National Oceanic and
Atmospheric Administration
United States Department of Commerce


FY 1990

Geochemistry of hydrothermal fluids from Axial Seamount Hydrothermal Emissions Study Vent Field, Juan de Fuca Ridge: Subseafloor boiling and subsequent fluid-rock interaction

Butterfield, D.A., G.J. Massoth, R.E. McDuff, J.E. Lupton, and M.D. Lilley

J. Geophys. Res., 95(B8), 12,895–12,921, doi: 10.1029/JB095iB08p12895 (1990)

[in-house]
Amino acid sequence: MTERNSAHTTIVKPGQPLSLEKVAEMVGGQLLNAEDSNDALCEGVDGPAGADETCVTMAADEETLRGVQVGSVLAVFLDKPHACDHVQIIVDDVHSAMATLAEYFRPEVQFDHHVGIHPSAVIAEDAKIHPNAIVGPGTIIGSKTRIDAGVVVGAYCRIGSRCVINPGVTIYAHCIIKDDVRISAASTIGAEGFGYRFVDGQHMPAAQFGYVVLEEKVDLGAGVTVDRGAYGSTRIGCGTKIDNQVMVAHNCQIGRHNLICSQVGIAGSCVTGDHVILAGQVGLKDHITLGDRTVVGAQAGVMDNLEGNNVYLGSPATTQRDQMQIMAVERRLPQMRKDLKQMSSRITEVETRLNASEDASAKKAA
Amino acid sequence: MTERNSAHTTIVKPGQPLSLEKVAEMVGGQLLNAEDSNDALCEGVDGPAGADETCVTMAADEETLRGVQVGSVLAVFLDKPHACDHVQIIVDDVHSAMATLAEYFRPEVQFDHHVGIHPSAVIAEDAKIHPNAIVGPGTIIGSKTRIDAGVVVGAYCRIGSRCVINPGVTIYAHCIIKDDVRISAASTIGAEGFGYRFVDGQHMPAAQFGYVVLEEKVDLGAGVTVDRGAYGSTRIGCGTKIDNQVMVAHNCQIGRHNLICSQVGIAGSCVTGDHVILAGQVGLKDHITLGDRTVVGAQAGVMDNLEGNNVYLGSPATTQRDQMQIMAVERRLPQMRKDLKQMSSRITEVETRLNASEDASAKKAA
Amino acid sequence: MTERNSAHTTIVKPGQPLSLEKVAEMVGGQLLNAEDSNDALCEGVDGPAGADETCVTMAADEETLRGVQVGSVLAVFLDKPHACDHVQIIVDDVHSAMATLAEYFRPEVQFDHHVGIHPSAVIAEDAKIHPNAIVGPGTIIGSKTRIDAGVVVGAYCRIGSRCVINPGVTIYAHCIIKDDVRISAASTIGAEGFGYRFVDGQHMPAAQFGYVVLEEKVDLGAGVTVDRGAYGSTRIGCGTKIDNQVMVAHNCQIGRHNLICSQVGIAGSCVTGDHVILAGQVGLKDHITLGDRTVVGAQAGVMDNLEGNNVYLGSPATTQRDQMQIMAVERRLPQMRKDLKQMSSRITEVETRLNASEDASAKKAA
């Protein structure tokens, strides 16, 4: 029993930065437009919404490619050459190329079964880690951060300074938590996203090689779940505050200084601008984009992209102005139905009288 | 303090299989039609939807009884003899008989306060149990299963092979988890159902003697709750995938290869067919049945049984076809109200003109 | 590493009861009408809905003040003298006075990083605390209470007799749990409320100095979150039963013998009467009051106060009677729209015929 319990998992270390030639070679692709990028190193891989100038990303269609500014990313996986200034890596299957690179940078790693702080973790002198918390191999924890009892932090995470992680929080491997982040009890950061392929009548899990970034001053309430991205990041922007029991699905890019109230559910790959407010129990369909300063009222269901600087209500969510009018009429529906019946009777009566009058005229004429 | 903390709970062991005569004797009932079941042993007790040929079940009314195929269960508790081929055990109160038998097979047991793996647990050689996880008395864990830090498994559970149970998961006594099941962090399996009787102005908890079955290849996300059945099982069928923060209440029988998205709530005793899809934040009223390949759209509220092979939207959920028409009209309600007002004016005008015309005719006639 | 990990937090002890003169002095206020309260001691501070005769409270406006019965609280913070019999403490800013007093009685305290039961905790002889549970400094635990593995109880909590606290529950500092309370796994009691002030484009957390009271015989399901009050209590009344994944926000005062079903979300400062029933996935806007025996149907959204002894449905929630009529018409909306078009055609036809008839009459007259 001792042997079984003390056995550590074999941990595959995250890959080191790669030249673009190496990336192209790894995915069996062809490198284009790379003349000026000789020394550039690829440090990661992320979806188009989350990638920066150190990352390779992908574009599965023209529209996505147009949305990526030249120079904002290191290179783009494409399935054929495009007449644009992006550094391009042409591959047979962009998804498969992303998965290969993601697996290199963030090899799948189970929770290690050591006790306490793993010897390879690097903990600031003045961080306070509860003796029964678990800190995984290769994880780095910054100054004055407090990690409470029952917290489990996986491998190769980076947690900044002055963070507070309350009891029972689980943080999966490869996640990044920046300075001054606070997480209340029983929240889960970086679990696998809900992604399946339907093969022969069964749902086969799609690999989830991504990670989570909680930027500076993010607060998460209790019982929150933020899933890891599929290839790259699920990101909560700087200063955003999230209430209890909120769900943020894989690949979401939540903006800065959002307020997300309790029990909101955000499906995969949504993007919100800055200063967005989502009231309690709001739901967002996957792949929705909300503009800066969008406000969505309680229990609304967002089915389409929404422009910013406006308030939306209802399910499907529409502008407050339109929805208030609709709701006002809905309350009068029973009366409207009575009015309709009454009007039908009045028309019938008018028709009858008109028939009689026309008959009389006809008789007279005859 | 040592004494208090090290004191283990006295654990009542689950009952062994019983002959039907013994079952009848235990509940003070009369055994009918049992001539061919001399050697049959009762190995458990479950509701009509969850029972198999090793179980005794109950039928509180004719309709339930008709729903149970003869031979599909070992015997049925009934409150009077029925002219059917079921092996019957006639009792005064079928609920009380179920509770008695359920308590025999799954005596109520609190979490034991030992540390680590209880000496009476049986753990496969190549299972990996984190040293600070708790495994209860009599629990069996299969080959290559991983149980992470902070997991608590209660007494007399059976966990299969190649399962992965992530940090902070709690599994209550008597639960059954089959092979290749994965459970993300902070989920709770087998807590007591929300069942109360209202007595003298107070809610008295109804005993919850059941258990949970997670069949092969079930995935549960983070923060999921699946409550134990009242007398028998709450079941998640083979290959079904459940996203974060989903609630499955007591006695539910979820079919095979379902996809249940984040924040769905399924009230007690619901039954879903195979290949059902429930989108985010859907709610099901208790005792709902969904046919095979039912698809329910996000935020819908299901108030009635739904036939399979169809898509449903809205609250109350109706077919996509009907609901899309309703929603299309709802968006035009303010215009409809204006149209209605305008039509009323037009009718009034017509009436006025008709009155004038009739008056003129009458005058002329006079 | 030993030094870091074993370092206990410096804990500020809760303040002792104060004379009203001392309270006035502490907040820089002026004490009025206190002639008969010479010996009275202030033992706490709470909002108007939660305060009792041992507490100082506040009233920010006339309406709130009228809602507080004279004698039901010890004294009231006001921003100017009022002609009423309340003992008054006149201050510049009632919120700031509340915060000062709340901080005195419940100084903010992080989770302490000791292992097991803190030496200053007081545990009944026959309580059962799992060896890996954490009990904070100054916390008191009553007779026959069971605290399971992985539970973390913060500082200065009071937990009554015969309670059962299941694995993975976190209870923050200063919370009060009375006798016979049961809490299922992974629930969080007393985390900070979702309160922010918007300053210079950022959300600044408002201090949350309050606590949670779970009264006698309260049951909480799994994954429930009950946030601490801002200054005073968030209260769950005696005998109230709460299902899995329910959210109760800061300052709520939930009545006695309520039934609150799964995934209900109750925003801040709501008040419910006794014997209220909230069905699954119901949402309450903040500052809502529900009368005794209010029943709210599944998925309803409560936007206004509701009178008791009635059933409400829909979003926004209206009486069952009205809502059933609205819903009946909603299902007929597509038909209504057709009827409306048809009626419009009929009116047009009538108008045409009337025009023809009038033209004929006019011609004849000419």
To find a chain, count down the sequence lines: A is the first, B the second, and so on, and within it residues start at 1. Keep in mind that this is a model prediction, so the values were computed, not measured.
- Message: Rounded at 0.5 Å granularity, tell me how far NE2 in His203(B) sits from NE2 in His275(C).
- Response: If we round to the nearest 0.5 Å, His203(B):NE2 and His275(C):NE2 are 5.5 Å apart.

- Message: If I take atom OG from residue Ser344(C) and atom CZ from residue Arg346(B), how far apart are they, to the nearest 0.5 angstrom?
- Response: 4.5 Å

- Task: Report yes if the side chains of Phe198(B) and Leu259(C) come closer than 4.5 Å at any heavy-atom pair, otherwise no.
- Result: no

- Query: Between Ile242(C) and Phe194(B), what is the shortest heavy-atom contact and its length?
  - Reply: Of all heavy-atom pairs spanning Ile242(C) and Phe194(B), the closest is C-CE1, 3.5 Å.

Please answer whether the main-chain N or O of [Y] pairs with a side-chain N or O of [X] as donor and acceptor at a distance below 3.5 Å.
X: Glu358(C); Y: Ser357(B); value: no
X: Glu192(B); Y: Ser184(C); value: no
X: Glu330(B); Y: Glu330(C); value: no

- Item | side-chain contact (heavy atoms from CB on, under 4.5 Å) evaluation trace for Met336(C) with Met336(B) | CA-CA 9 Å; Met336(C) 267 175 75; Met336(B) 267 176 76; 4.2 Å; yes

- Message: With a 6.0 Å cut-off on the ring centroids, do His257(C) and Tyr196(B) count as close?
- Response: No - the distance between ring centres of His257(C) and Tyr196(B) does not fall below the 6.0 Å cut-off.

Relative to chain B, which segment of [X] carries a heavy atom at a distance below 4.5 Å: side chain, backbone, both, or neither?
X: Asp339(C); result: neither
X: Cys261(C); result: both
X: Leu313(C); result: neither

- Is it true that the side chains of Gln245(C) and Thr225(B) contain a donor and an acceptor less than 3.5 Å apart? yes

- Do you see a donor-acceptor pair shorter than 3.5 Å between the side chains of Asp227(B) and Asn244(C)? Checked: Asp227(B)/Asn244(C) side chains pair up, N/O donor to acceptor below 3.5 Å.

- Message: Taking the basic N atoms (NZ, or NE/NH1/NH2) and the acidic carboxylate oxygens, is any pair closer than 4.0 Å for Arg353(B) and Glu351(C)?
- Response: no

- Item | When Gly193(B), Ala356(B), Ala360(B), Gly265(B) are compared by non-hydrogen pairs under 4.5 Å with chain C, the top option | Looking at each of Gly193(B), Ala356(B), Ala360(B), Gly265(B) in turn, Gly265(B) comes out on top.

Hydrothermal fluids collected from the ASHES vent field in 1986, 1987, and 1988 exhibit a very wide range of chemical composition over a small area (~60 m in diameter). Compositions range from a 300°C, gas-enriched (285 mmol/kg CO2), low-chlorinity (~33% of seawater) fluid to a 328°C, relatively gas-depleted (50 mmol/kg CO2), high-chlorinity (~116% of seawater) fluid. The entire range of measured compositions at ASHES is best explained by a single hydrothermal fluid undergoing phase separation while rising through the ocean crust, followed by partial segregation of the vapor and brine phases. Other mechanisms proposed to produce chlorinity variations in hydrothermal fluids (precipitation/dissolution of a chloride-bearing mineral or crustal hydration) cannot produce the covariation of chlorinity and gas content observed at ASHES. There is good agreement of the measured fluid compositions with compositions generated by a simple model of phase separation, in which gases are partitioned according to Henry's law and all salt remains in the liquid phase. Significant enrichments in silica, lithium and boron in the low-chlorinity fluids over levels predicted by the model are attributed to fluid-rock interaction in the upflow zone. Depletions in iron and calcium suggest that these elements have been removed by iron-sulfide and anhydrite precipitation at some time in the history of the low-chlorinity fluids. The distribution of low- and high-chlorinity venting is consistent with mechanisms of phase segregation based on differential buoyancy or relative permeability. The relatively shallow depth of the seafloor (1540 m) and the observed chemistry of ASHES fluids are consistent with phase separation in the sub-critical or near-critical region.

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